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Sunday, December 28, 2008

Billed for...nothing.

I got hit with a water bill a few weeks back--$90 per quarter, sewer maintenance fee. The bill, printed on official letterhead containing the seal of the City of Buffalo, read:


According to the City of Buffalo Tax Department the above listed property was purchased at the October 2008 foreclosure sale.

The flat or metered rate account balance owed prior to the October 2008 sale, has been removed and the mailing information has been updated.

For metered accounts a final meter reading may be needed in order to properly adjust the bill.

Please call Customer Service if there are any questions regarding this account.

The actual water bill was on another sheet of paper. Included was a confusing list of what seemed like 20 different rates, the amount of water usage (which for me was zero), and an estimated water bill. My question was...did I actually have to pay it? The people at the foreclosure sale told me that from day one I'd be liable for anything to do with my house, but it was December 22nd and I had yet to receive any deed stating I was the rightful owner to any property. And how can you be hit with bills if you can't actually claim ownership?

I assumed that there was no way to avoid this fee and that I'd just have to pay it, but I figured I'd call the water authority just to make sure. Well, the woman who answered the phone wasn't positive about the fee, but told me that I would most likely be required to pay it because the city had already reduced my bill since the foreclosure sale (the previous owner owed ~$1500). I politely asked if she could check with someone who could provide a more definitive answer. She put me on hold for about 5 minutes, talking to a superior of some sort. Upon returning, she was flustered and said something to the effect of:

"Oh well, we wouldn't normally do this but....I mean, since you don't officially have the deed yet...well, my manager says we aren't technically allowed to charge you so...your fee will be waived until the next quarter."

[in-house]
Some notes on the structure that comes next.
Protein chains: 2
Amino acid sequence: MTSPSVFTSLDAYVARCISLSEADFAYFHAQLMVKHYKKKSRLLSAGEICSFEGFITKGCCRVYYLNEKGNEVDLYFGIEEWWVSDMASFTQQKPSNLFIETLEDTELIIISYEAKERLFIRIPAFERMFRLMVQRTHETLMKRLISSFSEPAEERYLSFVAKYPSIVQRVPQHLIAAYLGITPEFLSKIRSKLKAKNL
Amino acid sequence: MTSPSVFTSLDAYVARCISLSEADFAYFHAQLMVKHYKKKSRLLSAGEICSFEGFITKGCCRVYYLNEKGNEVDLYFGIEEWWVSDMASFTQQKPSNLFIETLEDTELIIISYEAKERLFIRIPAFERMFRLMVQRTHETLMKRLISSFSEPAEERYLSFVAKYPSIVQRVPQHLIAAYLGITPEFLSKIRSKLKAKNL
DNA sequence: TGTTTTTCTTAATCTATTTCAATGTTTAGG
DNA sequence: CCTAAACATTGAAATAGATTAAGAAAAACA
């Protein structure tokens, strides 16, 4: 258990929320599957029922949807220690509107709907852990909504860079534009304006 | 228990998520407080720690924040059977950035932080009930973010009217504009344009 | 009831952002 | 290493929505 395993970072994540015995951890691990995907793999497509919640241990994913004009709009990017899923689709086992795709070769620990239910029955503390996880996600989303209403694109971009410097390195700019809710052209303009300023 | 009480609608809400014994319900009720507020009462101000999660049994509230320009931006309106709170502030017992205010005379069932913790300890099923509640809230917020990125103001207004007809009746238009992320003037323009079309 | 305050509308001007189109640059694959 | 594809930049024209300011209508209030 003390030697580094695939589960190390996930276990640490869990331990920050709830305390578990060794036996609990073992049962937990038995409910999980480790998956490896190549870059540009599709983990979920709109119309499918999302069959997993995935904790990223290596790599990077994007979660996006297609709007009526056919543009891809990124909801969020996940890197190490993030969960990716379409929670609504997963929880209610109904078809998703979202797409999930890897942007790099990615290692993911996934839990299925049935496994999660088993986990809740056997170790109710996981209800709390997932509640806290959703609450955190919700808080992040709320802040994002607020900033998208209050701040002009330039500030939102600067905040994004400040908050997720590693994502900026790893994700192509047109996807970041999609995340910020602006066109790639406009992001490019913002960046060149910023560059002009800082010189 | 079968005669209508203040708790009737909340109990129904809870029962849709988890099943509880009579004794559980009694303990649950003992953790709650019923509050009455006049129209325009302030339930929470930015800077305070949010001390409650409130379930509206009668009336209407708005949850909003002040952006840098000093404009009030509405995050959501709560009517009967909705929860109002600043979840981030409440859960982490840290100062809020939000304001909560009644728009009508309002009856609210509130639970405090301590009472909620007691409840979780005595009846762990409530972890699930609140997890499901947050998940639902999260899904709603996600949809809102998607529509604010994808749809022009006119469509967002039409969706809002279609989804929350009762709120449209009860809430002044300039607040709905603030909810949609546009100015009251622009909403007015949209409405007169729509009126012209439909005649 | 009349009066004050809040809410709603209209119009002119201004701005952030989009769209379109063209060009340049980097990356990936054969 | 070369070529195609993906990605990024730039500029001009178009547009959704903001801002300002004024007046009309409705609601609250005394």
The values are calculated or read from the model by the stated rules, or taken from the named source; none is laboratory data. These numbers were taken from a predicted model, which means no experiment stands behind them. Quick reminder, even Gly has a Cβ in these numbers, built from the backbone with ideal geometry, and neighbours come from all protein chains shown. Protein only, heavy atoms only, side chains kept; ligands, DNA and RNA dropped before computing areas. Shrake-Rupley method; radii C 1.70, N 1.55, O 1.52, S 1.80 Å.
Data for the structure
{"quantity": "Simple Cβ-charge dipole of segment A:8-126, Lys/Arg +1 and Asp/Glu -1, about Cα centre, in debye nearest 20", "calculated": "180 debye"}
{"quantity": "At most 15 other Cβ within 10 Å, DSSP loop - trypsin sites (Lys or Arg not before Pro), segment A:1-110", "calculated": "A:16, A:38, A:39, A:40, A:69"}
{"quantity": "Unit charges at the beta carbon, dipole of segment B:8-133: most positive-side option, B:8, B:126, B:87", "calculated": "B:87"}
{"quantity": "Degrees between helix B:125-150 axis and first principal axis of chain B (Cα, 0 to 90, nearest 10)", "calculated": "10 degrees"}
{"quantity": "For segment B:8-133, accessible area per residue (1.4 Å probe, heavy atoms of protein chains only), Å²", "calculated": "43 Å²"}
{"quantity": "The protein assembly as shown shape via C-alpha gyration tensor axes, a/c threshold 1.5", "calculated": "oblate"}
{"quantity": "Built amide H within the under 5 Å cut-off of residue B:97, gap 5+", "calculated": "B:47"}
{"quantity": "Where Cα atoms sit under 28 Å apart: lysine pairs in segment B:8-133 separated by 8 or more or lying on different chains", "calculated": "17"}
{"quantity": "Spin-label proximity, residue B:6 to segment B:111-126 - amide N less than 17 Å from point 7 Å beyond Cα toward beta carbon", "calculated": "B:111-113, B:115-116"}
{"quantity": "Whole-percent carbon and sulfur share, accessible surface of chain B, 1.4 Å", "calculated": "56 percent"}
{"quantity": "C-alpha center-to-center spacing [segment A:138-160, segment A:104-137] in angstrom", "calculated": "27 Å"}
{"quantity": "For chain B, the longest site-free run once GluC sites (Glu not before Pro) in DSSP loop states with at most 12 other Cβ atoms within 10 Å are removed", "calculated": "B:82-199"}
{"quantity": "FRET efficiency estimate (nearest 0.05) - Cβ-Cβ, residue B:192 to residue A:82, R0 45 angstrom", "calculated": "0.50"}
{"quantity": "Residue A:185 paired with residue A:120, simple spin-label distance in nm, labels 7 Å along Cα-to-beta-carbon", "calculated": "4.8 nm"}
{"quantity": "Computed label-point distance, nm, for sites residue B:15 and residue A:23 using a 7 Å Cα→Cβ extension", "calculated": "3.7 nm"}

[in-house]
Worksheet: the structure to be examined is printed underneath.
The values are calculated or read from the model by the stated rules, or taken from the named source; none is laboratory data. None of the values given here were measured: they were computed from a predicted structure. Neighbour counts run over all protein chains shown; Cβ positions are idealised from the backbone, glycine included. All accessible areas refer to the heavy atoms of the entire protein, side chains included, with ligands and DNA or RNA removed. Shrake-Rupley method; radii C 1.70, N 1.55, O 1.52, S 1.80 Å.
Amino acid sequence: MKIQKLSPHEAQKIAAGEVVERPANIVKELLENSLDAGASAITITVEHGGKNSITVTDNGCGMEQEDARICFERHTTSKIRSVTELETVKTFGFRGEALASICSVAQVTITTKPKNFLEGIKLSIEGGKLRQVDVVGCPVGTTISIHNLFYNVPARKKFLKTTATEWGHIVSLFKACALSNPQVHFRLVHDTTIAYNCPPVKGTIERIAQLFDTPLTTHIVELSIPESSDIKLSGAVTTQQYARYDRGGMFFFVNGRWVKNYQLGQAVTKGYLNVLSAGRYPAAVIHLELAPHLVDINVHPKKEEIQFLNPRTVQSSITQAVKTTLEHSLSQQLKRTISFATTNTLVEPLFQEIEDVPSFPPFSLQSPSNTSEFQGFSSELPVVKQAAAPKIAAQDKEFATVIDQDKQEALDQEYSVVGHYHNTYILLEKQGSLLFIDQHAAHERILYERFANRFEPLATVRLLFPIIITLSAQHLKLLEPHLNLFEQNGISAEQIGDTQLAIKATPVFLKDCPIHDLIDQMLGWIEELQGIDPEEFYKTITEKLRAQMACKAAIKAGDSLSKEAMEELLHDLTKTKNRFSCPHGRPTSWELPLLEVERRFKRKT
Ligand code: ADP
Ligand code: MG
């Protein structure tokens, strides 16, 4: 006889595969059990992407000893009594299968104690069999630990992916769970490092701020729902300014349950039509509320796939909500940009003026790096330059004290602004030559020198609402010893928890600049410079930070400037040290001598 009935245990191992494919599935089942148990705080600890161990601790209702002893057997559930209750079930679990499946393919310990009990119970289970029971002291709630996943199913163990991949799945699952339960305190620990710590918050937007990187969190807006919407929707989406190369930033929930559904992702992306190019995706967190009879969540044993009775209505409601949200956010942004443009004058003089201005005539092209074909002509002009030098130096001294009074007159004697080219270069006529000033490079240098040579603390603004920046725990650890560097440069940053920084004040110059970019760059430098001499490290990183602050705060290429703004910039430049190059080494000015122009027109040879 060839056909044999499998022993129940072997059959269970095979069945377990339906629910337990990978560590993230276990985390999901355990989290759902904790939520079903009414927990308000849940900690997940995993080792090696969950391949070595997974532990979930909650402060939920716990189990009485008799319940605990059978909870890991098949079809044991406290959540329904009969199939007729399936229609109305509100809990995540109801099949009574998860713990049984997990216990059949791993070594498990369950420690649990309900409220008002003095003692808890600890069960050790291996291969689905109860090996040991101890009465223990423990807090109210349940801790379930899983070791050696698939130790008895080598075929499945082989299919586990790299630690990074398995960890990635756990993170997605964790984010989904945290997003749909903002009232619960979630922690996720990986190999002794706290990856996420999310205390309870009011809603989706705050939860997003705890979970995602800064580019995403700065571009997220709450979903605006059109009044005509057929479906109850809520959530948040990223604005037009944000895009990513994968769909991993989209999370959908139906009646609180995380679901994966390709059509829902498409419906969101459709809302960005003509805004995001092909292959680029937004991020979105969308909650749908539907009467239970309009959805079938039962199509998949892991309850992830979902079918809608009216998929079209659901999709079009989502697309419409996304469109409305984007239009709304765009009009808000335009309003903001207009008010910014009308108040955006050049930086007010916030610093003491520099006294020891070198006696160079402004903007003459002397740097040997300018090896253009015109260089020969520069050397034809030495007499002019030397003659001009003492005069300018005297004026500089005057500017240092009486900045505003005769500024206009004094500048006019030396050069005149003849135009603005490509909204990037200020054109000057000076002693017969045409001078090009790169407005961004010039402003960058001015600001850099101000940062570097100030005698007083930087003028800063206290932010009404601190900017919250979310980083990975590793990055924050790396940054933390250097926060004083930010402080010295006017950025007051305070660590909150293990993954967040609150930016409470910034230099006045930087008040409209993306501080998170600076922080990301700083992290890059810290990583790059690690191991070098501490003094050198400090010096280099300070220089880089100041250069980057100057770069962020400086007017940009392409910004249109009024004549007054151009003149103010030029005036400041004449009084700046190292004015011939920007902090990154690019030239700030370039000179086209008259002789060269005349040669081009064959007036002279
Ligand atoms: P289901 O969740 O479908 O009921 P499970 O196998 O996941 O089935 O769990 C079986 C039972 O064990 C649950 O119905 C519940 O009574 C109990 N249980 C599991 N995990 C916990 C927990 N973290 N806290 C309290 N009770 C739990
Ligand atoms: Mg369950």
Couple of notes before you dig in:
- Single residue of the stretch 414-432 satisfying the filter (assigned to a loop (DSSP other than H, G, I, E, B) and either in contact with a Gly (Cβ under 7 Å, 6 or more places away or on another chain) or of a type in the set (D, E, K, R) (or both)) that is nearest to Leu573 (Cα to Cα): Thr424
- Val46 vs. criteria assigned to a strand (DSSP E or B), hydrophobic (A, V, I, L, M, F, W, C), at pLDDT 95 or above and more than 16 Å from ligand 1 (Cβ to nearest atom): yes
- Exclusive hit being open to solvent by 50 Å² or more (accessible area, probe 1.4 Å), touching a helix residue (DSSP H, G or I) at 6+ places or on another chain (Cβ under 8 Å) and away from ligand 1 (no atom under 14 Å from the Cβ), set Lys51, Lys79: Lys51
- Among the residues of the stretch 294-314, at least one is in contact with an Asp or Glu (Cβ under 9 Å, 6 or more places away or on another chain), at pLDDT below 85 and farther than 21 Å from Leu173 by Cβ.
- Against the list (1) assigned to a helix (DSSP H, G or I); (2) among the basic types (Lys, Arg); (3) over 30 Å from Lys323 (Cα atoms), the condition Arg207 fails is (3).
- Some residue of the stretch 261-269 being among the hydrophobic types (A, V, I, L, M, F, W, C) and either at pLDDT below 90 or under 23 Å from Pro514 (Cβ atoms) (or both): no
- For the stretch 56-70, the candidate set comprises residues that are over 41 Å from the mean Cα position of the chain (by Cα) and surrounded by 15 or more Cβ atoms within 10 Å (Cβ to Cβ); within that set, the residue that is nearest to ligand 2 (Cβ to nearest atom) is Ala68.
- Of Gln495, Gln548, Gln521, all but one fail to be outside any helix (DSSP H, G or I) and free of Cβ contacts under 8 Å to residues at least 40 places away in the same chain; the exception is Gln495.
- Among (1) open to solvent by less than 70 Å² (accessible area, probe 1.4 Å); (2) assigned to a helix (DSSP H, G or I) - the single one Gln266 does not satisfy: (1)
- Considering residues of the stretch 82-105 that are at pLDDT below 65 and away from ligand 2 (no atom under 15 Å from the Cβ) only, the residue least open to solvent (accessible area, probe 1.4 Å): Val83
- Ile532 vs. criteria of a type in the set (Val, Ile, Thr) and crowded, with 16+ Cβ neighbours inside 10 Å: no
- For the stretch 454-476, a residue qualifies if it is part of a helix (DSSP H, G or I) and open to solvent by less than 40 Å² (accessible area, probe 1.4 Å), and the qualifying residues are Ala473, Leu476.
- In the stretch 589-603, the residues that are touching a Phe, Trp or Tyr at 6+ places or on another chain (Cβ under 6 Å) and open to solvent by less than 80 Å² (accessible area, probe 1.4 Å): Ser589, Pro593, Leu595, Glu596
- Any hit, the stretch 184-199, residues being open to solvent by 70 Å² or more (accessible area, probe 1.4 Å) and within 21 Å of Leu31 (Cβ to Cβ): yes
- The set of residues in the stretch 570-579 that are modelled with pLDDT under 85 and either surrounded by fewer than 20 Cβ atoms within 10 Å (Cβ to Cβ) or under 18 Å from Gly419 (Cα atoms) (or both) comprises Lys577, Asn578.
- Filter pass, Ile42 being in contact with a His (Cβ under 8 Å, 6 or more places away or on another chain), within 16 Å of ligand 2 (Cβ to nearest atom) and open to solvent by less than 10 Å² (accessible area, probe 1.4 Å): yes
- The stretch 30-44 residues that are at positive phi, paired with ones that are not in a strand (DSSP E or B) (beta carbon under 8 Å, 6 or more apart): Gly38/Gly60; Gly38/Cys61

It was like they were doing me a huge favor by waiving the fee, when really shouldn't they not have charged me in the first place?? This is one instance where it seems like the water authority gets away with charging people incorrectly. It really makes me irritated because I know that probably
95% of the population would assume that the water authority knows what they're doing, it's a quarterly charge, there's no getting around it, and they would end up giving them the $90! And in my neighborhood, who can afford to dish out $90 for a bill that isn't even legitimate??

It's totally not fair because I can guarantee that most people
a) would have paid unnecessarily
b) would not think/know to call and question the bill
c) would have had to pay regardless because the workers probably decided on a whim to waive the fee, based on my politeness and the fact that it was the holiday season!

I guess I'm slowly but surely learning about home ownership...but if I can't figure this stuff out and am encountering problems, wouldn't you say that there is something fundamentally wrong with the system? At least in my neighborhood it sets a person up for paying fees which they can't afford to pay, causing them to have liens on their property, leading to foreclosures and ever increasing urban blight. Now, that may seem a little overdramatic when just talking water bills, but add up all the fees, utilities costs, taxes, etc etc and you can see how this can negatively impact a neighborhood!

1 comment:

Becky Davies said...

This is so interesting, and classic. There are such inefficiencies in the system that it creates huge disincentives for people interested in rehabbing, or even purchasing a house. As if finding a job and moving aren't hard enough!